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Three Part Question

In [patients submitted to coronary artery bypass grafting], Is [Transit-Time flow measurement a useful method] To [achieve intraoperative graft verification] ?

Clinical Scenario

A 57 years old male complaining of unstable angina was submitted to single Left internal mammary artery (LIMA) to Left anterior descending (LAD) artery on-pump grafted distally to a twice stented, severe proximal stenosis. After weaning from Cardiopulmonary bypass (CPB), LIMA was judged well functioning on the basis of finger palpation. Ventricular tachicardia occurred before sternal closure and patient was transferred to intensive care unit under lidocaine infusion. Few hours later a low cardiac output syndrome with LIMA occlusion diagnosed at angiography led patient to emergent surgery.
On cardioplegic arrest LIMA was found totally dissected with LAD occlusion at proximal site of anastomosis. A saphenous vein graft was used to revascularize LAD. Intraortic Ballon Pumping was necessary to wean the patient. The anterior myocardial necrosis prolonged hospital stay.
On the basis of risk management protocol you carry on a literature survey in order to demonstrate clinical usefulness of Transit-Time flow measurement (TTFM) in coronary graft verification.

Search Strategy

Medline 1950 to December 2009 using the PUBMED interface and selecting MEDLINE from the Subsets menu on the limits screen.
"coronary artery bypass"[MeSH Terms] AND ("transit-time"[All Fields] OR "transit time flow measurement"[All Fields]) AND (intraoperative[All Fields] OR "graft revision"[All Fields] OR "graft patency"[All Fields] OR verification[All Fields]) AND medline[sb].

Search Outcome

Hundred and two papers were found, 10 of which were included in the BestBETs analysis reported below. The relevant papers are presented in Table 1. Level of evidence are assigned according to Oxford Center for Evidence-Based Medicine [2]

Relevant Paper(s)

Author, date and country Patient group Study type (level of evidence) Outcomes Key results Study Weaknesses
Canver and Coll. Ann Thorac Surg
-63 patients submitted to isolated CABG using internal thoracic artery and saphenous vein grafts -TTFM used in all cases to compare direct measurement of ITA free flow in a beaker to TTF measurement. -TTFM used to compare ITA free flow to post CABG -Simultaneous measurement by means of two identical equipments of arterial and venous flow. Retrospective cohort study (level 2b)-TTFM validation compared to free bleeding measurementa) no TTFM difference between on-pump and off-pump CABG 1)no data supporting Author’s statement concerning TTFM in vivo validation; 2)no data concerning flow parameters in 2 patients submitted to graft revision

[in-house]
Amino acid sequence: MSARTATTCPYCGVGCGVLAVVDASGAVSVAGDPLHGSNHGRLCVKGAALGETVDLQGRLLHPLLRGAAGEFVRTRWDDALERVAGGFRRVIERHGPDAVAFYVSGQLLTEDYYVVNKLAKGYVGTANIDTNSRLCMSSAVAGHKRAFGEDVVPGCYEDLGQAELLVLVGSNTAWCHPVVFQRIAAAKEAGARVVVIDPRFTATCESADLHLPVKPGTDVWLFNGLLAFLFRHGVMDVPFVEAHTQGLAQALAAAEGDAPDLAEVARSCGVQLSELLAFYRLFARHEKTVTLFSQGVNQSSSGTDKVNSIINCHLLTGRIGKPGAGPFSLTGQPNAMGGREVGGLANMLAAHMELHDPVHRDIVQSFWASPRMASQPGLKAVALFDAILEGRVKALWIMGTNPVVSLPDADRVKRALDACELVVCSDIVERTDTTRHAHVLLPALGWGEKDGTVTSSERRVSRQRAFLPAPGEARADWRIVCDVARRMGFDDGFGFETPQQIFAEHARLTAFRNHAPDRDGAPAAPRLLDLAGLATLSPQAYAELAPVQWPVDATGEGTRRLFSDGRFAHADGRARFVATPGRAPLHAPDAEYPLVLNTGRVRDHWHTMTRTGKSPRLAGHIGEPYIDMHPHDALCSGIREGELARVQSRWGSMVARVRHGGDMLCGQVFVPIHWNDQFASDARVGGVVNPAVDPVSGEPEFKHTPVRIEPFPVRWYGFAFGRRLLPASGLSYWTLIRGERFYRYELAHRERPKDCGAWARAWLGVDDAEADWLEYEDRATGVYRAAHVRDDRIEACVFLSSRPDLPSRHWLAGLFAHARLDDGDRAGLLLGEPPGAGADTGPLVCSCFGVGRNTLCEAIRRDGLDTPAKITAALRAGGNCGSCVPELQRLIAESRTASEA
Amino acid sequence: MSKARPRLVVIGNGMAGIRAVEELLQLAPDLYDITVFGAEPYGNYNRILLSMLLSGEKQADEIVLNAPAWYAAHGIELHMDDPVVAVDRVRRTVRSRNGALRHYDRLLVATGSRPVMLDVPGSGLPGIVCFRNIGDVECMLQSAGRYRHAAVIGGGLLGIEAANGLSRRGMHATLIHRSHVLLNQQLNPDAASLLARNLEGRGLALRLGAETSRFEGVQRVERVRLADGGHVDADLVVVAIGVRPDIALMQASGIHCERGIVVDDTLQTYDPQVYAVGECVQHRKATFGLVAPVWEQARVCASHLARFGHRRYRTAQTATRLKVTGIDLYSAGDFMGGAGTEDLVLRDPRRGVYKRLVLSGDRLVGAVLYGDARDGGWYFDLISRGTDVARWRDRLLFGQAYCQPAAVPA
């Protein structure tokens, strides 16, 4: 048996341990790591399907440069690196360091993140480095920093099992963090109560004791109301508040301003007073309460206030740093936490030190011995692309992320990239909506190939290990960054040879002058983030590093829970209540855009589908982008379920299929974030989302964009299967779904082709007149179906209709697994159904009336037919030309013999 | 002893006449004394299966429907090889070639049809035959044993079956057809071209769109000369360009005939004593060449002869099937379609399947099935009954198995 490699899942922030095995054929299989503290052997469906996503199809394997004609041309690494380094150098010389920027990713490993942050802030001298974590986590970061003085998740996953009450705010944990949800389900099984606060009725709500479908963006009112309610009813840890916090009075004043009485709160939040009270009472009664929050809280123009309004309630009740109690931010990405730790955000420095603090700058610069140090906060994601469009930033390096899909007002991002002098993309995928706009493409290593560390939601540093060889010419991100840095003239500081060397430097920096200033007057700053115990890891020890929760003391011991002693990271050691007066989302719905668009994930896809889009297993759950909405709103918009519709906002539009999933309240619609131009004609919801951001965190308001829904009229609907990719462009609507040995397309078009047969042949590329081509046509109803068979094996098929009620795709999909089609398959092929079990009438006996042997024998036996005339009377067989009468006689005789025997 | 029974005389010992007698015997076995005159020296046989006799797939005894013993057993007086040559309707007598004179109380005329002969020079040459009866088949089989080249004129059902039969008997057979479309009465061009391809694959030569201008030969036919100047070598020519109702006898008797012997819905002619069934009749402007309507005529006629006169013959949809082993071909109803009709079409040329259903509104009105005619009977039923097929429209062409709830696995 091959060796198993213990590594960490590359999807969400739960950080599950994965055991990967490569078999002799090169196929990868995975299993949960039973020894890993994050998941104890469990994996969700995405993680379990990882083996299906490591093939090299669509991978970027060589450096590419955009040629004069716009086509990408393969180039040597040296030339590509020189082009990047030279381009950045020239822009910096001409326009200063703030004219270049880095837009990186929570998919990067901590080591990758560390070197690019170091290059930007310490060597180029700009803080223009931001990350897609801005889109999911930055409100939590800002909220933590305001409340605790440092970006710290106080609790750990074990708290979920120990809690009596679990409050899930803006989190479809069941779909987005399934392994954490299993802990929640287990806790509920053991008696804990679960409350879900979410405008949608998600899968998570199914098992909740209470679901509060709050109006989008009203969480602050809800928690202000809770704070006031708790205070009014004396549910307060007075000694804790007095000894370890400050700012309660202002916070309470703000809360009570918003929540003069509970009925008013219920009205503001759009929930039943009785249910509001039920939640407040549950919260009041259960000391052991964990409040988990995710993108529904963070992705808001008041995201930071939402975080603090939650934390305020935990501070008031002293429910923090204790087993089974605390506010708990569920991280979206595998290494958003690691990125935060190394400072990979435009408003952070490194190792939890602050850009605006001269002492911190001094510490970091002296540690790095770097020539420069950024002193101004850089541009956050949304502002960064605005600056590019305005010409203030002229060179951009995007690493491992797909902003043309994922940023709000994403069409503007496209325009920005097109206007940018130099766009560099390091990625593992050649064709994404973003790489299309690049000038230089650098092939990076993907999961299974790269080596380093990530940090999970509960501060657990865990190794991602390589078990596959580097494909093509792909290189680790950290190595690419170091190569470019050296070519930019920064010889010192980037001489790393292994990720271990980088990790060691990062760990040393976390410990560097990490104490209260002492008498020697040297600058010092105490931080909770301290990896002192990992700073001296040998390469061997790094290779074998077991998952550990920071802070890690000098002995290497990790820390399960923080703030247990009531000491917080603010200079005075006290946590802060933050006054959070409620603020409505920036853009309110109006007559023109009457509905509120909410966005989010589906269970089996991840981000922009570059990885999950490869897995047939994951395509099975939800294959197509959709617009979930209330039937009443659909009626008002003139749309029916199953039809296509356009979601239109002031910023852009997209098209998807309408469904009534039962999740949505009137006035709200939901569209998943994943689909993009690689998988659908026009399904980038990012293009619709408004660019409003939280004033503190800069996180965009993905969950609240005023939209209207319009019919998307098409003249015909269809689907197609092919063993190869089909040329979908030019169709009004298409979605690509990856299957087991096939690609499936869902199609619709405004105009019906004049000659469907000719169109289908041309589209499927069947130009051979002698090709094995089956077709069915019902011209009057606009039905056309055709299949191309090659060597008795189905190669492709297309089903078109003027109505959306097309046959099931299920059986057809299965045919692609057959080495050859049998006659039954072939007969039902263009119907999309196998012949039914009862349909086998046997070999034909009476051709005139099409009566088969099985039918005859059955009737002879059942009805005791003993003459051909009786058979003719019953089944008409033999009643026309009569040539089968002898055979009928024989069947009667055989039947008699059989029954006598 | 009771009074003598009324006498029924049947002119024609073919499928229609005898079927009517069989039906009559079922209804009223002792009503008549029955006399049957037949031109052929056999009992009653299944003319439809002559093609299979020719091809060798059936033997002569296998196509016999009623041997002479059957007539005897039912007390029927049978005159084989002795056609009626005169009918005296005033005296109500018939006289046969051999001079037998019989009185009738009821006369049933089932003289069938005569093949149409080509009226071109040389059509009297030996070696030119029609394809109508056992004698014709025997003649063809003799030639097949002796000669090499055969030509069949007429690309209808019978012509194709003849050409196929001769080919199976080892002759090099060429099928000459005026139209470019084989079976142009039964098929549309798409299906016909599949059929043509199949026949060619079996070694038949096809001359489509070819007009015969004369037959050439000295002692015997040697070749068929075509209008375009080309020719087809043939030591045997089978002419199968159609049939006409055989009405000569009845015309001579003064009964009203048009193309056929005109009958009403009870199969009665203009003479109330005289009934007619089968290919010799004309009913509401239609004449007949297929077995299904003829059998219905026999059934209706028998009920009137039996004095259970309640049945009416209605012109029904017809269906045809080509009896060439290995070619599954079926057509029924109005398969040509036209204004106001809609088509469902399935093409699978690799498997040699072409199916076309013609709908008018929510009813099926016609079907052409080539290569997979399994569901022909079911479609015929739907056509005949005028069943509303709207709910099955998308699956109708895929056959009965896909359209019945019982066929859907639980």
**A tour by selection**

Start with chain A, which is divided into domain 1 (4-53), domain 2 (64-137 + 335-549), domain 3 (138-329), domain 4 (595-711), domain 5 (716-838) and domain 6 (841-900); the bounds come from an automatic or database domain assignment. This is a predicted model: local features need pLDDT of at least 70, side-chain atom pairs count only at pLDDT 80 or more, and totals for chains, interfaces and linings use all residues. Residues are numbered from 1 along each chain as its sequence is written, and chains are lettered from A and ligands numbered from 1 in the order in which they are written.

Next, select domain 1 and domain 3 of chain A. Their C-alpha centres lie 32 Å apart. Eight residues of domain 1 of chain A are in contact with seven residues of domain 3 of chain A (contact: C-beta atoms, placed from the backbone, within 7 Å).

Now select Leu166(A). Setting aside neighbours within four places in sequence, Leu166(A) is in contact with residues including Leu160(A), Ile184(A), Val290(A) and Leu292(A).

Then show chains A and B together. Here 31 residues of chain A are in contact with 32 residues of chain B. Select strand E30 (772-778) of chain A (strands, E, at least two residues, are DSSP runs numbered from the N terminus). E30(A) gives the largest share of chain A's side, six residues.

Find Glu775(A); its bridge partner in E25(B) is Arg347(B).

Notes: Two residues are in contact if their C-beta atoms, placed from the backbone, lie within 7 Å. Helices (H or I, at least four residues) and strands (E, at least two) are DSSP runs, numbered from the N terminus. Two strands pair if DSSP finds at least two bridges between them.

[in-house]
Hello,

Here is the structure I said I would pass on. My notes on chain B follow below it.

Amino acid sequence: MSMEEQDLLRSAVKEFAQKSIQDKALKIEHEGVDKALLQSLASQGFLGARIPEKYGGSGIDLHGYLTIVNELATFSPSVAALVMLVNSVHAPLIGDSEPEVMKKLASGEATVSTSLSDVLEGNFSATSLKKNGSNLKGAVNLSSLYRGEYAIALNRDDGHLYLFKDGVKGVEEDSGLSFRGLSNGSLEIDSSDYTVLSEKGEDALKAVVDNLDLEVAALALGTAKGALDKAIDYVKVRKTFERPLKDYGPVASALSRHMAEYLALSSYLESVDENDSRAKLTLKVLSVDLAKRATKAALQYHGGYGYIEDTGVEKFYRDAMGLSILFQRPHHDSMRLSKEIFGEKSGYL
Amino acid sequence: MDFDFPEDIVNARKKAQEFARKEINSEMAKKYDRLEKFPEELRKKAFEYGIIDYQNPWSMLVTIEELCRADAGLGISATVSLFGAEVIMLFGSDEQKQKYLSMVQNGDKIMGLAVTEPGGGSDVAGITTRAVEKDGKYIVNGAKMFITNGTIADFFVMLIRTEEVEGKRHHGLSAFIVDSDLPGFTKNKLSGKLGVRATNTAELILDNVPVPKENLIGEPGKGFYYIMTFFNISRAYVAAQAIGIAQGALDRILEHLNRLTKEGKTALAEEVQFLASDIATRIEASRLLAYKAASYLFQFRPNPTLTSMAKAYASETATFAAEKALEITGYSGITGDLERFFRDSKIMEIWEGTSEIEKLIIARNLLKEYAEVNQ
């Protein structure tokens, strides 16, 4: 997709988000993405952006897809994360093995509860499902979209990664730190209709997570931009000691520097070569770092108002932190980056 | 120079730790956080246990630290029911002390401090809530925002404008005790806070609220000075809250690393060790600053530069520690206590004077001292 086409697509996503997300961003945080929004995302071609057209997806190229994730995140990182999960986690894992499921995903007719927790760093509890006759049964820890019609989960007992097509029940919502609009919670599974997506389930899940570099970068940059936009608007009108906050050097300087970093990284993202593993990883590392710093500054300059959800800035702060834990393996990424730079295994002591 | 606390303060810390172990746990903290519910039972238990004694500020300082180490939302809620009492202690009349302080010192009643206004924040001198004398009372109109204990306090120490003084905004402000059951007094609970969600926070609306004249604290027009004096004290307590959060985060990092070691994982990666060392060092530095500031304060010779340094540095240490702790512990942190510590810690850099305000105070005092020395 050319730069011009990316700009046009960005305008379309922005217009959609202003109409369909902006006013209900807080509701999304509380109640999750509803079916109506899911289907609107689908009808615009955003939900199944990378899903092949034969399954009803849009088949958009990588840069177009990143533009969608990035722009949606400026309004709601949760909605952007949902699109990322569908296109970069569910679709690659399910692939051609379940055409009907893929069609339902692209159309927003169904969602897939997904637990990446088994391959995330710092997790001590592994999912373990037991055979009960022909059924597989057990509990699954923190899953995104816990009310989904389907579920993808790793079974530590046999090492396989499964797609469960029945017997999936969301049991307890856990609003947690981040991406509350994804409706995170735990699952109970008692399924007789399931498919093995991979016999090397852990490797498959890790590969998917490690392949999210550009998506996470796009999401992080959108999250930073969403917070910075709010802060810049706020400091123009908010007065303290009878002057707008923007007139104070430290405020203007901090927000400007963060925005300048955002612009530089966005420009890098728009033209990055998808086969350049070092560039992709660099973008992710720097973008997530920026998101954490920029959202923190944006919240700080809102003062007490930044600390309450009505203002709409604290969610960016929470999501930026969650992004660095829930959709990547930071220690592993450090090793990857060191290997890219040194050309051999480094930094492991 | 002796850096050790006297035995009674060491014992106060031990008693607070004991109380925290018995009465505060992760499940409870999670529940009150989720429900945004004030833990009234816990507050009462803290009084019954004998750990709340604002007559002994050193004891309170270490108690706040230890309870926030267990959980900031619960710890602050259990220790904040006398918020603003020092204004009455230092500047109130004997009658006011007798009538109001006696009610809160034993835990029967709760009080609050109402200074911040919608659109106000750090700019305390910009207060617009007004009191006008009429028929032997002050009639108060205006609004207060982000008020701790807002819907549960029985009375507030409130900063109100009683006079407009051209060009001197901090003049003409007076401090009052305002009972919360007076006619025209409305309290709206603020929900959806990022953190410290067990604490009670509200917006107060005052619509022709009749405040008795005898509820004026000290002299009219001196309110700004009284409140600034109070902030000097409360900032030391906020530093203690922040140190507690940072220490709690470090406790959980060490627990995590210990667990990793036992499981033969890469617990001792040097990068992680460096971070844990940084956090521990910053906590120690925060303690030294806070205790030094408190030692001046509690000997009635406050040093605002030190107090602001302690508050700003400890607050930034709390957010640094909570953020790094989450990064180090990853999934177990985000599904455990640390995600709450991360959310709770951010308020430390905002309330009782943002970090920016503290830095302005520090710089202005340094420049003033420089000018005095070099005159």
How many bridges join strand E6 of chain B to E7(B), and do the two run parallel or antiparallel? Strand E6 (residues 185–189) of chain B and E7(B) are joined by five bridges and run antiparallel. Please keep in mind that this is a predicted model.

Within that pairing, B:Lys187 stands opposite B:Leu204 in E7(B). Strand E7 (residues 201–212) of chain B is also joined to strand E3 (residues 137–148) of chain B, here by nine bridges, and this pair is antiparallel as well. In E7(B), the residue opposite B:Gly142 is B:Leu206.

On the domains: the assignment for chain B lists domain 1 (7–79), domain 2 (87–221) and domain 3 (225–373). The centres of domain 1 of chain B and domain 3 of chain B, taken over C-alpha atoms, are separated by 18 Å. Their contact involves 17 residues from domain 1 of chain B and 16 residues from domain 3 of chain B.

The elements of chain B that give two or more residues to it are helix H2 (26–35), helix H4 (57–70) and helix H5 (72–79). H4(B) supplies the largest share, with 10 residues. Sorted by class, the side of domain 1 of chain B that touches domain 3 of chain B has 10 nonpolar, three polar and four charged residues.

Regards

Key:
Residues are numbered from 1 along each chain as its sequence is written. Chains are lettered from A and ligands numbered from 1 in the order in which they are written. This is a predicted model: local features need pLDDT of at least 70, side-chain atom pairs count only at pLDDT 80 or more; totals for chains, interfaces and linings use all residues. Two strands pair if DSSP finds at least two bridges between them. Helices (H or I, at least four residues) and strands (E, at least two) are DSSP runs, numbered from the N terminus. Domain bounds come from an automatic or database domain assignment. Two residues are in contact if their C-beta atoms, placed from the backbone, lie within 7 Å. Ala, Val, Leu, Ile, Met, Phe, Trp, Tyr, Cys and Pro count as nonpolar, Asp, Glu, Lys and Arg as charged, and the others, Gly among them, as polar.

-OFF/ON PUMP MGF differenceb) no TTFM difference between arterial and venous grafts just before sternal closure
to verify possible difference between arterial and venous grafts, either after on-pump or off-pump CABG.c) in two patients TTFM prompted graft correction with clinical improvement
D’Ancona and Coll.
-161 patients submitted to OFF-PUMP CABG with a total of 323 grafts: 183 grafts to the anterior wall (LAD and D) 60 to the lateral wall (circumflex or marginal) 75 to the posterior wall (RCA or PDA) 5 to other minor coronary branches. -All grafts tested with TTFM Retrospective cohort study (level 2b)-To evaluate if TTFM can improve the quality of information and increases the accuracy of diagnosing technical problems in bypass grafts32 grafts (9.9%) surgically revised based on -Absence of control group with a gold standard of grafts verification -Clinical efficacy based only on the findings at graft revision,